1. Natalie L. said

    I received 3 Japanese stitch dictionaries for Christmas–they were purchased from yesasia.com (which is basically an Asian version of Amazon). They are awesome–all the designs are charted, and most of the symbols are diagrammed and the ones that aren’t, you can generally figure out. The pictures are generally clear, but one of the ones I have has some very unfortunate yarn choices, but only for a scant handful of the patterns.

    I have Knitted Socks East & West and honestly, I wasn’t very impressed with it–I thought a lot of the sizing and gauge choices in the socks were weird and unworkable for me–the stitch patterns used are the more complicated ones, which makes resizing for larger legs nearly impossible.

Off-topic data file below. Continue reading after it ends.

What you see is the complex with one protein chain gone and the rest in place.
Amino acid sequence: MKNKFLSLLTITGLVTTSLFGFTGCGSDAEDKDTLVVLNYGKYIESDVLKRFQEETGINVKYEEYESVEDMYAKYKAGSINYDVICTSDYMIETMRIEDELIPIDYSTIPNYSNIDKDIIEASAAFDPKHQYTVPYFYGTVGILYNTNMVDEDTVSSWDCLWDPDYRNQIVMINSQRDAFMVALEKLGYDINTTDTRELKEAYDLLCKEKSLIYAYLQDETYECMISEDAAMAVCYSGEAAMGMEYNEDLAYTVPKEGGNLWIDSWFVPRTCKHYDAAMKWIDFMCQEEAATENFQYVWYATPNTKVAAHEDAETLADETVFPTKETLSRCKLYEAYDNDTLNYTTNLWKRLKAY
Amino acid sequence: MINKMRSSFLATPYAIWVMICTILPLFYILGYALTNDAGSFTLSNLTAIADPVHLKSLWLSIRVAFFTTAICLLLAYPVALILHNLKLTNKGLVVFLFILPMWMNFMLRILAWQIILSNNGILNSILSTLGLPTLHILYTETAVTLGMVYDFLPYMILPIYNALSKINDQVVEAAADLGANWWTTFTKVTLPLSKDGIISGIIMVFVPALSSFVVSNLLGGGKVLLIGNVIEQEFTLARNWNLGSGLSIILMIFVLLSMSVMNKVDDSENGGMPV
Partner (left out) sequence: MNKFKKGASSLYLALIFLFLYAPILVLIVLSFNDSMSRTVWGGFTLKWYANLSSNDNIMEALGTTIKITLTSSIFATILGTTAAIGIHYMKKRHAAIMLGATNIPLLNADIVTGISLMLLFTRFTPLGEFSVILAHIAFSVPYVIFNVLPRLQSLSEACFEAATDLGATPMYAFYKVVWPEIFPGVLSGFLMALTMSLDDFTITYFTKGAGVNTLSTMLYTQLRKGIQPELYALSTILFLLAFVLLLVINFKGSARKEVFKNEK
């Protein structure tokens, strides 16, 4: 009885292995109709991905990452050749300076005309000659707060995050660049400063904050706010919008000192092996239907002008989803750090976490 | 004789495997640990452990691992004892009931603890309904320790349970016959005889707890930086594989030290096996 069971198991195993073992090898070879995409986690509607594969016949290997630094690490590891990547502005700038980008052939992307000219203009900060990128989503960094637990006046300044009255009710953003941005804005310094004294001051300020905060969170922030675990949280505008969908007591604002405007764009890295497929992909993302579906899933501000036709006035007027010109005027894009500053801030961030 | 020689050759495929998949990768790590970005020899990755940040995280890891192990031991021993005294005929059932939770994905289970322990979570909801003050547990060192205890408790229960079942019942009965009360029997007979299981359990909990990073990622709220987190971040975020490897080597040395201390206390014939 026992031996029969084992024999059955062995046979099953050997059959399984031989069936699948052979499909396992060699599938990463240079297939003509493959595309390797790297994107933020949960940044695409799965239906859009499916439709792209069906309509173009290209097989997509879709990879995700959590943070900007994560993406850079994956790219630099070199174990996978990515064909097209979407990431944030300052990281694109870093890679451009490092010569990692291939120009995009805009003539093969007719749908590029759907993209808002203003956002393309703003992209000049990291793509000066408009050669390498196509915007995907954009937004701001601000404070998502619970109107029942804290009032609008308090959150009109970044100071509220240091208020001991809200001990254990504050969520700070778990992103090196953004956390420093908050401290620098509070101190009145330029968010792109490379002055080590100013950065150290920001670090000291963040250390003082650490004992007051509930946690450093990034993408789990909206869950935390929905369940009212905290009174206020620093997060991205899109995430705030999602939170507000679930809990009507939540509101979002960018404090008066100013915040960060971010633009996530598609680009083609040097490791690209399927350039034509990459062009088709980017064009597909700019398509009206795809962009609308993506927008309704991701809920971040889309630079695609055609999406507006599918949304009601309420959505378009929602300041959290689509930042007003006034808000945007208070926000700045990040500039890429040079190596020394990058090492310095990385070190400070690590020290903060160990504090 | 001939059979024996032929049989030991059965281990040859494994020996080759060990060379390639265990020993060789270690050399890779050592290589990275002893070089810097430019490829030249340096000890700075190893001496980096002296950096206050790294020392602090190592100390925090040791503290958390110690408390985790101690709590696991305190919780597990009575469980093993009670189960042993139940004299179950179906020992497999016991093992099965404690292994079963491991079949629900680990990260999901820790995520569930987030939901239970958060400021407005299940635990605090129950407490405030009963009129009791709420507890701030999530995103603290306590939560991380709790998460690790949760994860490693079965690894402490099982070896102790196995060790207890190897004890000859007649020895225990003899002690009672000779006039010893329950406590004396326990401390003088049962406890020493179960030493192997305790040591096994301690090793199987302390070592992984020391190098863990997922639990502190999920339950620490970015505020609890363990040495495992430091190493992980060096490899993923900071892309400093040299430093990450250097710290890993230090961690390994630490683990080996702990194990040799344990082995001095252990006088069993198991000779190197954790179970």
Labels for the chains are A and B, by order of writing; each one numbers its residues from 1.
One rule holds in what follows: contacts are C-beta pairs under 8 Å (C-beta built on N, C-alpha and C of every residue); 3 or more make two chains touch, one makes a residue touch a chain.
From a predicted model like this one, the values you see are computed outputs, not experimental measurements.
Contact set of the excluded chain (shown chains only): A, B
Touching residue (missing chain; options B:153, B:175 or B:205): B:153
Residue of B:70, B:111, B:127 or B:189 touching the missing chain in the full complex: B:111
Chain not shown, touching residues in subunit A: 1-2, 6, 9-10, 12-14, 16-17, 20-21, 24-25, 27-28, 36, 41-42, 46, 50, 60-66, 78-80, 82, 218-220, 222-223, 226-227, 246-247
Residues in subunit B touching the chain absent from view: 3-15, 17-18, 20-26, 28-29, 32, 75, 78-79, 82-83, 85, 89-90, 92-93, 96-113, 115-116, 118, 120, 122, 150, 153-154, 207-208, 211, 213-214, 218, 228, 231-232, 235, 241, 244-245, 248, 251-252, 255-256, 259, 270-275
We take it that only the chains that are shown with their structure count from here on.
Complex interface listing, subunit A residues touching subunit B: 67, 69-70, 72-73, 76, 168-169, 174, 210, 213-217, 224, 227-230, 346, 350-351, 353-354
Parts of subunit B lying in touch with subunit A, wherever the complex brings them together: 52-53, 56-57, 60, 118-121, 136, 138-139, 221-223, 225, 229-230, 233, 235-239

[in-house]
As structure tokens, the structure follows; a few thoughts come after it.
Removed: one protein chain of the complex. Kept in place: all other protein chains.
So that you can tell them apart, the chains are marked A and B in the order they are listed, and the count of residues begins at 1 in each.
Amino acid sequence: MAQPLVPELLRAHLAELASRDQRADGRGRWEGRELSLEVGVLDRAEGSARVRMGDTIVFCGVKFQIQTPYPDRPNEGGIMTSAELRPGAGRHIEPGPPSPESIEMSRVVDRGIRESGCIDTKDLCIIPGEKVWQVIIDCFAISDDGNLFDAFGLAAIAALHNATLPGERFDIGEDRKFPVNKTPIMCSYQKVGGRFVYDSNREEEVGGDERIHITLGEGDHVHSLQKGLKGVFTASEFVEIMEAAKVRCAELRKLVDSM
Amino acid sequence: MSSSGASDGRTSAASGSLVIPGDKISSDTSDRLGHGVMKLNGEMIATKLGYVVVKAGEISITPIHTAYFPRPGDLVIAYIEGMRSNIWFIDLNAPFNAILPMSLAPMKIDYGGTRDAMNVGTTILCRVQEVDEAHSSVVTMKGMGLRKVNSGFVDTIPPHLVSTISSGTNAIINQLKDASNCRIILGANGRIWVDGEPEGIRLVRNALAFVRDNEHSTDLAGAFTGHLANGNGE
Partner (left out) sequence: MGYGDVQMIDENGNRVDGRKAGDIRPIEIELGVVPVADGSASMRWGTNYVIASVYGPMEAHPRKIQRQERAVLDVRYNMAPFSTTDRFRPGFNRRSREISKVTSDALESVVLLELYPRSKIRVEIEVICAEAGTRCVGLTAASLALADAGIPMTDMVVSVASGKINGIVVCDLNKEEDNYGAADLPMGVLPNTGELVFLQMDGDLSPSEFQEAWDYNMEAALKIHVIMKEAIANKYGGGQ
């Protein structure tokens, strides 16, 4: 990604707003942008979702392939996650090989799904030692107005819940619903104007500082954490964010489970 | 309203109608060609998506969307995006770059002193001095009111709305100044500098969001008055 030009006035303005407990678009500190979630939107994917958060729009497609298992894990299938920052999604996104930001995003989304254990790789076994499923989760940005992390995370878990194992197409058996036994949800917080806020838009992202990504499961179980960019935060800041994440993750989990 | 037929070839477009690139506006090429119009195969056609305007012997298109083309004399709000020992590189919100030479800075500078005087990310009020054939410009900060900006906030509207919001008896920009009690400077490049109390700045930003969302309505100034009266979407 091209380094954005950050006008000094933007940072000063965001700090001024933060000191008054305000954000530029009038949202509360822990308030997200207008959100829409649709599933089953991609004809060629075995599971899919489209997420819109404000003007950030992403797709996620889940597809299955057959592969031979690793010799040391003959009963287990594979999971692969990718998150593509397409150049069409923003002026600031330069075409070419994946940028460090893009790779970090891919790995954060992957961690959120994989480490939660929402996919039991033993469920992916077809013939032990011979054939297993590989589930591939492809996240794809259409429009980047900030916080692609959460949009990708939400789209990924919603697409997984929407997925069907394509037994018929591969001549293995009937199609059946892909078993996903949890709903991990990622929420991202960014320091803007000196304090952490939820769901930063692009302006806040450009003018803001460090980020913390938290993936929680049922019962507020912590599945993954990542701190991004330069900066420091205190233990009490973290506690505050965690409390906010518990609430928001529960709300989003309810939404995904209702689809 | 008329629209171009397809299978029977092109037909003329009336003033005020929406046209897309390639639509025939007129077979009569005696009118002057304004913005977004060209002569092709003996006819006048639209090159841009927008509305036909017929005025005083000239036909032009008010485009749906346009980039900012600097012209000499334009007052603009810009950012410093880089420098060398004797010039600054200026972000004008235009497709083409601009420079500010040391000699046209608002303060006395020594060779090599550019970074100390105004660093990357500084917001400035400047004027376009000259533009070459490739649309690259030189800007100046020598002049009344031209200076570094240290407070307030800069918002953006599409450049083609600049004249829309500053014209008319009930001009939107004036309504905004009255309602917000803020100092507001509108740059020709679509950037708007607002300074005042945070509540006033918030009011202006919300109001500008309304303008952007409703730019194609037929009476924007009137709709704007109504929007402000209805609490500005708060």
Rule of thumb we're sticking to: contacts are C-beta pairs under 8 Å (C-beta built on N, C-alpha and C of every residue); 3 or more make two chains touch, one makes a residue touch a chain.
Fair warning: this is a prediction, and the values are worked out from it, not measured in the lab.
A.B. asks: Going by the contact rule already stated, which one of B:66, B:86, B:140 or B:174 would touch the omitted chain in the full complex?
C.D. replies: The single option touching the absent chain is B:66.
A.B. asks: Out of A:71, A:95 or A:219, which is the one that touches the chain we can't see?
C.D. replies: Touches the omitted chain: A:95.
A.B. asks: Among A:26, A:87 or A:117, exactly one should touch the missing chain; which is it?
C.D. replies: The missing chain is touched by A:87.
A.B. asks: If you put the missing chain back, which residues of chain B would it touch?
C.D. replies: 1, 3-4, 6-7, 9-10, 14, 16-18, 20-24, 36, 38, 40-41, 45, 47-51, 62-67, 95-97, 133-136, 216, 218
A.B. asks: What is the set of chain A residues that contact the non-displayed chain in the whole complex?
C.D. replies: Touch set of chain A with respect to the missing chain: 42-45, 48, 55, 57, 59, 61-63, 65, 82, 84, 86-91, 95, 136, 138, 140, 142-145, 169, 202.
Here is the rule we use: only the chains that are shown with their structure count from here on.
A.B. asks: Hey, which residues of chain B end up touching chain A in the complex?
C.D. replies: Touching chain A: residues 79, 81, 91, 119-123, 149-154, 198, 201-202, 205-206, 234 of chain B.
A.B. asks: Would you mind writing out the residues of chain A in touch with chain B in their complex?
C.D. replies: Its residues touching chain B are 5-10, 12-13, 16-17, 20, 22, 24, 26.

I also didn’t like that Sumner didn’t give any guidance on how to find the stitch dictionaries apart from two US-based websites, one of which didn’t have them in stock the last I checked and the other of which has them at a ridiculous markup ($10 more per title plus shipping–yesasia.com does free international shipping). A bibliography of the stitch dictionaries she used as inspiration for the designs would have been more useful, IMO–ISBN numbers are used internationally and are unique.